I was just pulling up the books I will be needing for History Module 5. My son will be in 2nd and my daughter will be in 4th. I was wondering for those of you who have done this module if it would be ok to let my 4th grader use the same books my 2nd grader will be using in order to save money in the books needed.
Module 5 ?(5 posts) (5 voices)
I haven't used this yet, but I have everything on hand and I've looked through the books and I feel level 1-3 would be a bit light for most 4th graders. What you could do is have your 4th grader join in with your 2nd grader and then buy 1-2 extra books for each term for your daughter to read independently.. like a history 'supplement' or 'extension'.
I'll be using Module 5 with a 1st and 3rd grader a 4th grader and a 9th grader. I have choosen to use their appropriate levels because my 4th grader is very driven and he is a good independent worker. I also have 2 toddlers and an infant, so I really want to instill a love for learning and being able to learn/study independently.
If the tables were turned so to speak and my 3rd child was in 4th grade and I was teaching younger ones I would definetly add him in with the younger group because I can tell that he is going to need more coaching before he decides to to take flight. I know he won't be as independent next year as my 4th grader is this year.
In fact my 2nd child and 3rd are only 17 months apart. My 3rd and 4th are 25 months apart and they work together so well that I group them together frequently even though as you can see my 3rd is closer in age to his older brother.
Maybe you could buy all the resources for the 1st - 3rd age group and when you have the books in hand make a decision based on your child's strengths and weaknessess.
Sara, I think this is going to be something only you will be able to answer as you know your daughter best. How strong of a reader is she? My daughter this year would have had to have several of the books from 4-6 read to her (or read together) at the beginning of the year because she was not a strong reader, but by the end of the year the list from 1-3 would have been too simple.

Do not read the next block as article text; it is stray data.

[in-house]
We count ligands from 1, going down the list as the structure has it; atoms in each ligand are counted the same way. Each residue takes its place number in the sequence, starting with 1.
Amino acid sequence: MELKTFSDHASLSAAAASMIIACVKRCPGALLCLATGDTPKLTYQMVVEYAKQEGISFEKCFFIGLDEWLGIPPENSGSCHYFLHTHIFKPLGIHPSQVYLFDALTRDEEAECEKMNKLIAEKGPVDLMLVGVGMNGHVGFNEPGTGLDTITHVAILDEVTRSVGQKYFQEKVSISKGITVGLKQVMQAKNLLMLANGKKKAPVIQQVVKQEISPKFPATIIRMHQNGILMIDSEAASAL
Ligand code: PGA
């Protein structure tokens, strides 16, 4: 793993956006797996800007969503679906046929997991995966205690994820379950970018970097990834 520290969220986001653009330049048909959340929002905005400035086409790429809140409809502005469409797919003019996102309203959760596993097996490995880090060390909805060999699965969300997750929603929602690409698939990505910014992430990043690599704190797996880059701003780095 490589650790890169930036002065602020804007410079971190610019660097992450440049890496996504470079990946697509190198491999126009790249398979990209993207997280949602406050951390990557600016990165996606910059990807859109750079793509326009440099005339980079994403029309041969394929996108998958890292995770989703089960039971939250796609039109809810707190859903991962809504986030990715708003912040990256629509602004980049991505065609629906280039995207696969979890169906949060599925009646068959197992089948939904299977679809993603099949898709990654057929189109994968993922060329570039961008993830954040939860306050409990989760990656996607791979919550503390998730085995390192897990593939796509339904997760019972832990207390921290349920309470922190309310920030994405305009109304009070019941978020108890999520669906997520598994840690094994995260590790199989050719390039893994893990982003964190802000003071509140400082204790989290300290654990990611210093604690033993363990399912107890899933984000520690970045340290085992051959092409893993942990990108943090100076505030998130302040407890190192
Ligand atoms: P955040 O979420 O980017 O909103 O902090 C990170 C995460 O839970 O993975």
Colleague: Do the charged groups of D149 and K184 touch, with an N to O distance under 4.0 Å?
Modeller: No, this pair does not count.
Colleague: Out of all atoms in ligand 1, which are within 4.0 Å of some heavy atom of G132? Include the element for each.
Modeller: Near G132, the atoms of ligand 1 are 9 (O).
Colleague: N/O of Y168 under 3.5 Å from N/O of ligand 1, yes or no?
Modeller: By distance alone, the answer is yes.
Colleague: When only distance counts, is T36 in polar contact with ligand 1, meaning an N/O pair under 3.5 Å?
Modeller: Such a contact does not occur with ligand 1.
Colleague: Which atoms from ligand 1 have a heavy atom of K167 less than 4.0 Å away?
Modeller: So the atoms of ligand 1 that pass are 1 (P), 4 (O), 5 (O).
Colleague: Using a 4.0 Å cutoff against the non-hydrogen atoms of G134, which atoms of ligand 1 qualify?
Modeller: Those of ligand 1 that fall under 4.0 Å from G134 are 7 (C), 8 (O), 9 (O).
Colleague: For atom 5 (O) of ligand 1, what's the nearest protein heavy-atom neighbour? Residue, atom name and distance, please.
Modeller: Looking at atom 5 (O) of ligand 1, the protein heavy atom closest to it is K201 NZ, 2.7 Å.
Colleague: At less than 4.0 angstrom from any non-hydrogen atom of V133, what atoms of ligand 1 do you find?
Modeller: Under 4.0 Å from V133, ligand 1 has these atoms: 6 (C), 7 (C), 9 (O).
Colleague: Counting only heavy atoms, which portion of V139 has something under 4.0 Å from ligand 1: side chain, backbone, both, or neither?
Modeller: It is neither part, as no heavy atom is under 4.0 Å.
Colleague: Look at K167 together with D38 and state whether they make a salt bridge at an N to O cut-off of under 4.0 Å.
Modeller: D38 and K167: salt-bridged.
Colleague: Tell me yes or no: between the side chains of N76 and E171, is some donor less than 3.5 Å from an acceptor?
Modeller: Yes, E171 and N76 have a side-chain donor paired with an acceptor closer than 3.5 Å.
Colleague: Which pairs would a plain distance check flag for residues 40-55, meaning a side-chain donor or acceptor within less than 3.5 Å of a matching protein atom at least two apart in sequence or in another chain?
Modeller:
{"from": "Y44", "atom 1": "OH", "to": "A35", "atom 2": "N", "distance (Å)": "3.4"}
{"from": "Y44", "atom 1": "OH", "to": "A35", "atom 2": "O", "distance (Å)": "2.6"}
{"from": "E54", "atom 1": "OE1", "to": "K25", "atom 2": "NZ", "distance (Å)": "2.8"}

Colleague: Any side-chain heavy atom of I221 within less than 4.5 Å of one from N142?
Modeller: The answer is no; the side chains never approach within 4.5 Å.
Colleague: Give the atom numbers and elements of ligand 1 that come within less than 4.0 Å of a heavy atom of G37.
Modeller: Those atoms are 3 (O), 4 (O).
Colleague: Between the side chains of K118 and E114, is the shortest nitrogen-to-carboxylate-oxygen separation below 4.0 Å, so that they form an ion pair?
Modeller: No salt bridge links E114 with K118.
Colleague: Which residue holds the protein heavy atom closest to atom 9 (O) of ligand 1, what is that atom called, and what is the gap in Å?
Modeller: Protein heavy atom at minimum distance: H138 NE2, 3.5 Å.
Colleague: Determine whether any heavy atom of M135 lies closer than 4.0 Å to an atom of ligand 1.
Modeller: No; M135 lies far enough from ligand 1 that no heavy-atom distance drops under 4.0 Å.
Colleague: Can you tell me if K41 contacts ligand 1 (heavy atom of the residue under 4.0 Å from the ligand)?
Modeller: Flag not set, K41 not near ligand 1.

Maybe you could purchase the 4-6 books and only get the most interesting 1-3 books as your finances permit? Perhaps you could use the library for some of them. I think the family time read alouds are plenty for the 1-3 grade range anyway.
Hi Sara, this was the time period we studied last year. Here's my 2 cents for what it's worth.
All of the world history resources in 1-3 would be fine for a fourth grader unless your fourth grader is a really advanced reader who would consider those books as babyish. I have one child who would think this way so I understand that perspective. Although those books are technically "picture books" which would usually be considered as being for a younger child, they are really rich and full of good information. The american history resources would not be enough for me personally to use with my family. I would throw in some of the older books as read-alouds at least. All of my kids, who were aged 2-9 at the time we did these books, really enjoyed listening to Amos Fortune and the Sign of the Beaver. They also liked Stories of the Pilgrims by Pumphrey (available free online) and The Witch of Blackbird Pond as well. I always give them coloring pages to do as we read. These four books were the ones that they would sit and listen to for an hour and then ask me to continue reading when I said it was time to quit.
I think that if I were in your position, I would go ahead and have everyone following the 1st -3rd SCM guide and then add in those books as family read-alouds. Like I said, just my 2 cents.
I agree that if you're going to add in some 4th-6th Amos Fortune and Sign of the Beaver would be top ones. My 4th grader read Good Queen Bess on his own very quickly this past year (great book, too...and on both lists). It really does depend on your kids. I have one who balks at anything 'babyish' and one who loves it easy:) Blessings, Gina
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